The De Beers Adonis rose band in platinum gives me the rose tie-in I wanted for Belle without making library maintenance impossible. It’ll look wonderful with her engagement ring or on its own, and it’s a reference to the rose as an important symbol of her story without being overly on-the-nose. The plentiful tiny diamonds will give this band sparkle worthy of a Princess.
Sure, Esmerelda’s not technically a Princess – but she’s a fabulous, feisty heroine and she deserves a ring too. I don’t actually remember her movie very well, but I know she dances like a diva and stands up for herself and her friends. She also definitely loves gold – even her goat has a gold earring.
My pick for Esemerelda is the Erica Courtney “Ellen” ring. It’s bold and feminine, just like Esmerelda. Bonus: the design on the side actually forms a cursive “E.” The one pictured here is in rose gold, but I think Esmerelda would probably prefer high-karat yellow gold to match the rest of her jewelry.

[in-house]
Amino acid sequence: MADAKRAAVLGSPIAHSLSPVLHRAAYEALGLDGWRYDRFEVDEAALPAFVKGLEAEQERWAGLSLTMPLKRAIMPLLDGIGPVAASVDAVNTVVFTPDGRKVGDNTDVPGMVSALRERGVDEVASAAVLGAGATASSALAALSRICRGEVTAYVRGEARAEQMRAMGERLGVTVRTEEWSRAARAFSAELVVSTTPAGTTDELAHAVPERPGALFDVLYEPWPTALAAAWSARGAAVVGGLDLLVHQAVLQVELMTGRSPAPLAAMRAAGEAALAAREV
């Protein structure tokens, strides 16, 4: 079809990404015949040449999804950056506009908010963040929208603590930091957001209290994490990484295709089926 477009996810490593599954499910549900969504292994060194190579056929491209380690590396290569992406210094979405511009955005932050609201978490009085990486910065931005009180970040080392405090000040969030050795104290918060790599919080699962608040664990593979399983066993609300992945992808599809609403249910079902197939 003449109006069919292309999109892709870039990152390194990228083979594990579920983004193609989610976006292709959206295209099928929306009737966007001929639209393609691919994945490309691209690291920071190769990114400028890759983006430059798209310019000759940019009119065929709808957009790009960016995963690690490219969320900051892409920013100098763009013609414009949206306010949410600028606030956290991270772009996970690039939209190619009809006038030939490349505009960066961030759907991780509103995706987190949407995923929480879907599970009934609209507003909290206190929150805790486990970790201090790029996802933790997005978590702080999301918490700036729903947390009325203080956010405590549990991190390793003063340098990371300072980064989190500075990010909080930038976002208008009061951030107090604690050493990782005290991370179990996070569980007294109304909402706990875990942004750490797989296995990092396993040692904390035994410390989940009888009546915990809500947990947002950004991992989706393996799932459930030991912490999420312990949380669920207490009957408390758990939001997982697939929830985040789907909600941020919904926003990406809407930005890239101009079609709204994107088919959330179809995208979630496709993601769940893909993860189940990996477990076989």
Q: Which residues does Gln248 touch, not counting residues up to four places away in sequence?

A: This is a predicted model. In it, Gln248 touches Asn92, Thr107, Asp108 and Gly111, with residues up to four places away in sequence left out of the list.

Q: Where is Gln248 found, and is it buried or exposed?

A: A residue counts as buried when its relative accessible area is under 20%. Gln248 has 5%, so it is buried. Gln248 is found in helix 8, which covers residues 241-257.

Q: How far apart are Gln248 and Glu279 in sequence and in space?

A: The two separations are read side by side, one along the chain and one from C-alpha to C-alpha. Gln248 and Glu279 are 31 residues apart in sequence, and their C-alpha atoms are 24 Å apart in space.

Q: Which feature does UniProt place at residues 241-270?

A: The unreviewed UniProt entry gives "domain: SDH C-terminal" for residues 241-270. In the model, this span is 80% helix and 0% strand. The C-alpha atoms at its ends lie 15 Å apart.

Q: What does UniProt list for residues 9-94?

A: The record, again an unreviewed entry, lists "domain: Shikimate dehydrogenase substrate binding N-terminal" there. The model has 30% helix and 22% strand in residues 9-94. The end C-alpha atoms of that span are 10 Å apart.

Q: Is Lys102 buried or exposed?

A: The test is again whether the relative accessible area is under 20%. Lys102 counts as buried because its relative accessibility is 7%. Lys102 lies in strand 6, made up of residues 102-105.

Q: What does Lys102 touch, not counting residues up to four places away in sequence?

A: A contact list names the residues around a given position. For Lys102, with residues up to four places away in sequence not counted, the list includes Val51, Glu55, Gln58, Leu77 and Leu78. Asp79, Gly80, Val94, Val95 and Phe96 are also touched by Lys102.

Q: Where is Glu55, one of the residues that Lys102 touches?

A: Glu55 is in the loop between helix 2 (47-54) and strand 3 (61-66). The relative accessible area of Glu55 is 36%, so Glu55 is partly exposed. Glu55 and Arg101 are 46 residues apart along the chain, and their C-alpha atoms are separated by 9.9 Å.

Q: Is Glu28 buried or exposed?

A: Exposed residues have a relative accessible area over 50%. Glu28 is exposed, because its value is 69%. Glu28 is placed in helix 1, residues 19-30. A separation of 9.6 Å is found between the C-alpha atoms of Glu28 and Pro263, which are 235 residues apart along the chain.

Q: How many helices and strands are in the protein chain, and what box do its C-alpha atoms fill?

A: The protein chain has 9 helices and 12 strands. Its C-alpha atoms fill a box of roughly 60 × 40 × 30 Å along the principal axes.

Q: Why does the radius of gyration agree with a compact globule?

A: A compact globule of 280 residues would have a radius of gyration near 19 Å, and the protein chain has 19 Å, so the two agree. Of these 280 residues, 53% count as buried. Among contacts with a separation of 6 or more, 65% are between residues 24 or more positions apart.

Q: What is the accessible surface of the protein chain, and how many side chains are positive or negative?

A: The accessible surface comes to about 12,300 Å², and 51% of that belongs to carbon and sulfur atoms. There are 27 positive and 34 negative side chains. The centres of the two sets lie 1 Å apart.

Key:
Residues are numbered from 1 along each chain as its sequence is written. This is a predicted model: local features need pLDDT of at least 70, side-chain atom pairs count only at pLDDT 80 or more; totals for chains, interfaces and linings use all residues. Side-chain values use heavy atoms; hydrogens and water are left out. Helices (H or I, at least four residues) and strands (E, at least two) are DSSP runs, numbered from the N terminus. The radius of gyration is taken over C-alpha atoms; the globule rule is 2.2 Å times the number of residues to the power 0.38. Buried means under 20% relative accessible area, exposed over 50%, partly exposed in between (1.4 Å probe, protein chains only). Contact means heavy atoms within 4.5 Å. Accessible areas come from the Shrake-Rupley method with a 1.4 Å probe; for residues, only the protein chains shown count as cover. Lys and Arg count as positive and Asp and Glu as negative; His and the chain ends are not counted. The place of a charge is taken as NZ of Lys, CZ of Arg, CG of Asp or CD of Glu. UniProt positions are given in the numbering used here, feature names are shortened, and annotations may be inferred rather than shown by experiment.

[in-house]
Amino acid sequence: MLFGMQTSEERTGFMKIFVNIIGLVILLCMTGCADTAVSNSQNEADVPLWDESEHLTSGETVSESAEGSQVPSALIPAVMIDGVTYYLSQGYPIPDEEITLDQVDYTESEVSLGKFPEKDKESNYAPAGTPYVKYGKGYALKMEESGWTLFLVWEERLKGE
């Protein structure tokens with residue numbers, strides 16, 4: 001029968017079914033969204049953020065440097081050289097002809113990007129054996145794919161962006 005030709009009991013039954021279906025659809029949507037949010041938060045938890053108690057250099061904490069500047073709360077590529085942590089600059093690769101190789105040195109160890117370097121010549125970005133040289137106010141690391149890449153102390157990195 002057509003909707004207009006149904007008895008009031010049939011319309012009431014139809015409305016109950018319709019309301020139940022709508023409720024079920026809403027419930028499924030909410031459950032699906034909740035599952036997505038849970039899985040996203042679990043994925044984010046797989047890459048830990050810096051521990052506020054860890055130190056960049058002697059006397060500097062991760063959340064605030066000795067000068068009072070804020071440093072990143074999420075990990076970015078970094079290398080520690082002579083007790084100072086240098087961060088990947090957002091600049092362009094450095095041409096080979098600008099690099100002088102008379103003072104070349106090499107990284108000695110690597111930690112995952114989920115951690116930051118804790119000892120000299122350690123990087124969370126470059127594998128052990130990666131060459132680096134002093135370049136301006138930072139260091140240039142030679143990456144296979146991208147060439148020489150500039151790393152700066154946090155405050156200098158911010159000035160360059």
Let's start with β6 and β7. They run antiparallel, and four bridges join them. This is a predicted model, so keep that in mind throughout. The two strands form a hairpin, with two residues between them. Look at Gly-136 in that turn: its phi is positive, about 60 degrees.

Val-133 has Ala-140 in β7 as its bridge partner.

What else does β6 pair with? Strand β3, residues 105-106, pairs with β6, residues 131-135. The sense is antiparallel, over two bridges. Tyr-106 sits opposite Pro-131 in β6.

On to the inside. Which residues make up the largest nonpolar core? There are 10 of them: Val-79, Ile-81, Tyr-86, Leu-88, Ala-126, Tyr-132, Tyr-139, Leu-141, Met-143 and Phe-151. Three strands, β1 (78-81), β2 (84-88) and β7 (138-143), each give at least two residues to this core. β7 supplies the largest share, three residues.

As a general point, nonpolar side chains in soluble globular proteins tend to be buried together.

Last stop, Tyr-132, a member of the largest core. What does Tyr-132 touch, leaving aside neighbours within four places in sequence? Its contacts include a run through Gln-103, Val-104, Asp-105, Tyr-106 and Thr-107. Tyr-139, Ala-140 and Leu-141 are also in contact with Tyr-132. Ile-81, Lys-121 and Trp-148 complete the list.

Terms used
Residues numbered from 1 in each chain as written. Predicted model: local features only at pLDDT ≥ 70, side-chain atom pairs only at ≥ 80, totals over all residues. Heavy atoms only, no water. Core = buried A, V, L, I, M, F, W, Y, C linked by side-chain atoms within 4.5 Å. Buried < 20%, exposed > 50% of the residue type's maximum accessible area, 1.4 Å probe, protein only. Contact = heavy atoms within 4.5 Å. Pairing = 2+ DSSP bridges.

Good old Snow White. I don’t have strong feelings about Snow White, although I do enjoy her affinity for woodland creatures and I think she played herself better than Kristen Stewart did.
My pick for Snow White is Art Deco Cartier, so it’s very Princess-worthy. Aren’t the colors amazing? It features a 5.50 carat a European-cut fancy intense yellow diamond flanked on either side by shield-cut sapphires weighing a total of 1.20 carats.
I think the connection here is pretty obvious: the yellow diamond with blue sapphires is a perfect match for Snow White’s favorite (or only) outfit. A Disney Princess engagement ring must be an appropriate color!